Inflation: The Impact on Insurers


The financial experts at McKinsey & Company recently took a long, hard look at the impact of inflation on insurance and insurers. McKinsey says last year inflation has hit loss costs for property and casualty insurers for $30 billion.

And 75% of that number came via losses in personal lines.

The article talking about inflation and insurance is titled, Countering inflation: How U.S. P&C insurers can build resilience. In it, McKinsey partners Kia Javanmardian, Sebastian Kohls and Fritz Nauck, and senior expert Gavin McPhail say it is up to insurance executives to respond as quickly as possible to the hit inflation has on profits.

The response — they say — needs to come in pricing, underwriting and claims, and other areas.

The biggest hit was on personal lines. Those lines of insurance lost close to $22 billion over historical average lost costs in 2021. Combined, workers’ compensation, commercial multiple peril and commercial auto lost $8 billion.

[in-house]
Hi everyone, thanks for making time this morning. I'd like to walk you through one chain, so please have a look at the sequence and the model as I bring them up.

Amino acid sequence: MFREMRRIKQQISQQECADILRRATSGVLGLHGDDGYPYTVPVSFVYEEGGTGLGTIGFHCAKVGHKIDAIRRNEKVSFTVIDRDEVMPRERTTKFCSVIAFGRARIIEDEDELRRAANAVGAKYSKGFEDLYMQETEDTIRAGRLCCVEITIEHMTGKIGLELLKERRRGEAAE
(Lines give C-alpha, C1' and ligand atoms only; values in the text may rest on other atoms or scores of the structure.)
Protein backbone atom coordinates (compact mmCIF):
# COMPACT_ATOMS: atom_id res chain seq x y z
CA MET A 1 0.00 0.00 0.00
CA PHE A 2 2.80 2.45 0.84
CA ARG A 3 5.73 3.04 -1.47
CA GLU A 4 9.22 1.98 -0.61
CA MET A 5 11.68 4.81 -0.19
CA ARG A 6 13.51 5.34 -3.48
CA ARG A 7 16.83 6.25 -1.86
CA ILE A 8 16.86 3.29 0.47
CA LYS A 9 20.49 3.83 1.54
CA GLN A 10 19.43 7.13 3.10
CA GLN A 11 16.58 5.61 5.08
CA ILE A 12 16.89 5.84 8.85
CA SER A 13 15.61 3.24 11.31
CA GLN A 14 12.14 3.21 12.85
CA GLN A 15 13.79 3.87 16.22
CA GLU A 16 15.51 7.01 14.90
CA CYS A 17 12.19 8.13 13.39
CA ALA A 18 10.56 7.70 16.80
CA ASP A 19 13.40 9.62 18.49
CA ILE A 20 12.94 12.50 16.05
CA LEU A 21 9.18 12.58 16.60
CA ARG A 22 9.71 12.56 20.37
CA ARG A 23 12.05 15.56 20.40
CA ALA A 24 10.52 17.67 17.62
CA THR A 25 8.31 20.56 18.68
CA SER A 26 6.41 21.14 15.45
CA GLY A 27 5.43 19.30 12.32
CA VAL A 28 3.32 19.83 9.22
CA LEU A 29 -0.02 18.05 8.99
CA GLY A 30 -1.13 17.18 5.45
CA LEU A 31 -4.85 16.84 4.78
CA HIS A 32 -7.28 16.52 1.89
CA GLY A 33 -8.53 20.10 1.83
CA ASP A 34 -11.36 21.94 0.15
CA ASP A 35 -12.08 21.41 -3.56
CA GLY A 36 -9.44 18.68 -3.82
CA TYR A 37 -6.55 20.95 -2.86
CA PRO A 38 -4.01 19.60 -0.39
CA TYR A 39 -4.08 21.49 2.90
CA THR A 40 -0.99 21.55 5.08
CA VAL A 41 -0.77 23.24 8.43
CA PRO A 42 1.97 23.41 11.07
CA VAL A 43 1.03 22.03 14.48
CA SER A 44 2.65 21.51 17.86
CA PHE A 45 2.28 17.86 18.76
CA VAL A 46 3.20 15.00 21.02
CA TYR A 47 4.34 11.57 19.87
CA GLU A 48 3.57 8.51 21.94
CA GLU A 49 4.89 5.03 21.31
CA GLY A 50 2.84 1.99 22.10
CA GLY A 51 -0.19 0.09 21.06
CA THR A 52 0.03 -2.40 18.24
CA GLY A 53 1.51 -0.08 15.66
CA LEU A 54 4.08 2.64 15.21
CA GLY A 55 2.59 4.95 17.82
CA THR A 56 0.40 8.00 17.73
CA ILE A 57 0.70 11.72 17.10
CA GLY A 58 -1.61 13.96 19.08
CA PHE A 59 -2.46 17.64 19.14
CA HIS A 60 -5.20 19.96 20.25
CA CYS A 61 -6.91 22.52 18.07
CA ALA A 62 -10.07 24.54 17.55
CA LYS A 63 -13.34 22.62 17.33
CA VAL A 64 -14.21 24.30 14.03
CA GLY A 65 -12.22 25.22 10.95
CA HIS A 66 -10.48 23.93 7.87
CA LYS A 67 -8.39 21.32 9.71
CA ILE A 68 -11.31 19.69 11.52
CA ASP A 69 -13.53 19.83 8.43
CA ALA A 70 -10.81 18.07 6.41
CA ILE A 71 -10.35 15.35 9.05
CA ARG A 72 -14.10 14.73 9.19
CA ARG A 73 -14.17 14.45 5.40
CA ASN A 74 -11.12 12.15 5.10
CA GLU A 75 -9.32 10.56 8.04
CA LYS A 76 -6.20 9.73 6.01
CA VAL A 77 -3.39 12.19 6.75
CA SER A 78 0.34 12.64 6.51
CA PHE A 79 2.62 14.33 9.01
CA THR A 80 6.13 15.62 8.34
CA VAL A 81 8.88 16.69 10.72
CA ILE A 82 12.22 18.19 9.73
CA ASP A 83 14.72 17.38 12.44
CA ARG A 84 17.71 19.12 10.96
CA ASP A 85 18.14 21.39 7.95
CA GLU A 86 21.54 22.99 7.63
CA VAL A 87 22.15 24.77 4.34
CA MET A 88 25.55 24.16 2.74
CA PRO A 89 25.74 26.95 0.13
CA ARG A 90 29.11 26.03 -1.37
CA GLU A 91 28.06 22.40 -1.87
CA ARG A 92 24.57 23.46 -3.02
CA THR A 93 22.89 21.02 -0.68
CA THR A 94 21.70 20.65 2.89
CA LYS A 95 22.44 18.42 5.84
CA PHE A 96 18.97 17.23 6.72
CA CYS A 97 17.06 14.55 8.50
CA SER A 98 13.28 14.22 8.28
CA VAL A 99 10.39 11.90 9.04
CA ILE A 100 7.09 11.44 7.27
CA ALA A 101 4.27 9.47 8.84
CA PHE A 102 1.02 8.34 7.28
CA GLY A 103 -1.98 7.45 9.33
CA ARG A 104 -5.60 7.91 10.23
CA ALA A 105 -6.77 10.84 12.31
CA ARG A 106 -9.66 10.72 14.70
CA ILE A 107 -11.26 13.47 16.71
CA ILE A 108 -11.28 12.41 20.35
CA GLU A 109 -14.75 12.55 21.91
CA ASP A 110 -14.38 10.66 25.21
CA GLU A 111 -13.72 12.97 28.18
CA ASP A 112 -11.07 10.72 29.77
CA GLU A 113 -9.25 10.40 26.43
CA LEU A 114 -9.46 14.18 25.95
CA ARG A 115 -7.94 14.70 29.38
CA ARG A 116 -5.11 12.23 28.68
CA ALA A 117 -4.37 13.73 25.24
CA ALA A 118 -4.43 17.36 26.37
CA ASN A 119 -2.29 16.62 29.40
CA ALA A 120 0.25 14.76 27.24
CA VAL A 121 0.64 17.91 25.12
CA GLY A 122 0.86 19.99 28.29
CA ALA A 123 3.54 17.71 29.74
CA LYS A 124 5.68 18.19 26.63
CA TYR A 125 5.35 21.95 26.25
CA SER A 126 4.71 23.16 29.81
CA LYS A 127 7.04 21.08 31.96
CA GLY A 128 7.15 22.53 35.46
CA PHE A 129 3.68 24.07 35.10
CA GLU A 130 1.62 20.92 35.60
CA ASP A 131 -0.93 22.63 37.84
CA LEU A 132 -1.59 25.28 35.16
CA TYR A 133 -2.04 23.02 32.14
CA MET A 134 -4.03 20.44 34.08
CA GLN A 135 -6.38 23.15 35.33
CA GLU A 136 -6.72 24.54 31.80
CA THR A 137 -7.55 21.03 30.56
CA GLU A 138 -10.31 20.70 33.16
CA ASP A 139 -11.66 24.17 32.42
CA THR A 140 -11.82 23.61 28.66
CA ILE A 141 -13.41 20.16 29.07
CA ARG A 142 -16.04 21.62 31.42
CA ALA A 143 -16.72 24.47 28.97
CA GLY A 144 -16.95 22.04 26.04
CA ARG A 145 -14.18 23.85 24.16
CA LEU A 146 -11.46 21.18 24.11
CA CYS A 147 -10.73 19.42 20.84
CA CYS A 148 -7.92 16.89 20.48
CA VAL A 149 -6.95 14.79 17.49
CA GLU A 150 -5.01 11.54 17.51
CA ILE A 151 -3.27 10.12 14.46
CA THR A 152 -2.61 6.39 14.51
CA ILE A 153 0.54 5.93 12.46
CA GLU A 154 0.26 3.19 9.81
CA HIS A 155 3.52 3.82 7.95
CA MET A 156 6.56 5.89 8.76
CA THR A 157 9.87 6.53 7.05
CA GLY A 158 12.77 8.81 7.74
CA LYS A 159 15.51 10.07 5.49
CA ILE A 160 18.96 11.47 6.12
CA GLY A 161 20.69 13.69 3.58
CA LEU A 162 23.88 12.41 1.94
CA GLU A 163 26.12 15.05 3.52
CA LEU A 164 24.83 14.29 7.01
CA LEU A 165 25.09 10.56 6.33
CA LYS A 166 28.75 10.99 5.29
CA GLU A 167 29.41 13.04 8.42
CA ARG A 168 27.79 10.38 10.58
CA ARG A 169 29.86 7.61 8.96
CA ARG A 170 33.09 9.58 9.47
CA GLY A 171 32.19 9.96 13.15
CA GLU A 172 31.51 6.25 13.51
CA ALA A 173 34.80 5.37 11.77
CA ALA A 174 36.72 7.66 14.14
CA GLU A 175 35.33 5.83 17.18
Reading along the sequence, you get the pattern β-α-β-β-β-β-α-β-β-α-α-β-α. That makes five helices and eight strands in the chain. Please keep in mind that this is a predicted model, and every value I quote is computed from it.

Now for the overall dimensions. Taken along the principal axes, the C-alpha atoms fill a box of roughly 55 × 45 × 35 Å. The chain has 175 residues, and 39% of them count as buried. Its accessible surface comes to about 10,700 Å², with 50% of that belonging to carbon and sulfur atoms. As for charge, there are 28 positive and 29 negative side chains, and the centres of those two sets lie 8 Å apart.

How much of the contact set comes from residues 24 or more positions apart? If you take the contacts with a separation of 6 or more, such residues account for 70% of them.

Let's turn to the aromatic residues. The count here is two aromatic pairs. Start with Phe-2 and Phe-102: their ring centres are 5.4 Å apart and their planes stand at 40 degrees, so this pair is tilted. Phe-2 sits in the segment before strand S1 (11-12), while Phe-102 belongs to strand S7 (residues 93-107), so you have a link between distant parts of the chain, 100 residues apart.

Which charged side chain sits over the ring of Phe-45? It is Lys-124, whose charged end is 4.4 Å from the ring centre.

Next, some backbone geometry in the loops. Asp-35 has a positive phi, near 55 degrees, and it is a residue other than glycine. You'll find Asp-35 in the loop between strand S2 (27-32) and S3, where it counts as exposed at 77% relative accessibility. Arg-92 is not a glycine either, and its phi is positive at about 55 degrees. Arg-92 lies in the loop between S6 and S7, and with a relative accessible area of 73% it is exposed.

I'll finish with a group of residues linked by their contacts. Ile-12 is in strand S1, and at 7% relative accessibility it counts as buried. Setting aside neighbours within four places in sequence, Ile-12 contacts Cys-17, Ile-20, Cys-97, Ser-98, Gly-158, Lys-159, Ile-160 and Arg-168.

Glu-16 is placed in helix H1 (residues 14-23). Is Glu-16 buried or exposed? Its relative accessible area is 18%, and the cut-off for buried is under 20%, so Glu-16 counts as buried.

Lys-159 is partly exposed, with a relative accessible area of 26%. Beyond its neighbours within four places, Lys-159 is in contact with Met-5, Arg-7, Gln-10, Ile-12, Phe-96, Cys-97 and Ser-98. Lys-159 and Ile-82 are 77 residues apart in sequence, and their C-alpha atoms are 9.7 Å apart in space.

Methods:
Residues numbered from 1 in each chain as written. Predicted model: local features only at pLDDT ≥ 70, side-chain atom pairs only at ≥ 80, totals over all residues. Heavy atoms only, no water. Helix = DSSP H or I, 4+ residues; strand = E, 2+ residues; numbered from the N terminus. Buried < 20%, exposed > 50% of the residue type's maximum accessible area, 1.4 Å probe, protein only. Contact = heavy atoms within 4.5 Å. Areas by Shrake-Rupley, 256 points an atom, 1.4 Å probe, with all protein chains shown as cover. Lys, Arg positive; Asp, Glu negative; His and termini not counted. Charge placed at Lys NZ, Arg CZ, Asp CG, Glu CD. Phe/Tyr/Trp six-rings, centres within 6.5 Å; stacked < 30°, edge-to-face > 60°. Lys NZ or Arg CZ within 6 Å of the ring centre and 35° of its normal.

A big reason for the jump in personal auto is the high price for parts and equipment. Supply chain disruptions also played a big part of the rise.

Inflations impact on P&C loss costs by line (2021):

Personal auto — $13.9 billion

Homeowners — $7.9 billion

Workers’ compensation — $3.9 billion

Commercial multiple peril — $2.3 million

Commercial auto — $2 billion

Total — $30.0 billion

Inflation impact on P&C loss costs by line and percentage (2021):

Personal auto — 8.6%

Homeowners — 13.4%

Workers’ compensation — 16.0%

Commercial multiple peril — 9.5%

Commercial auto — 6.6%

Total: 10.0%

Source link: Insurance Journal —

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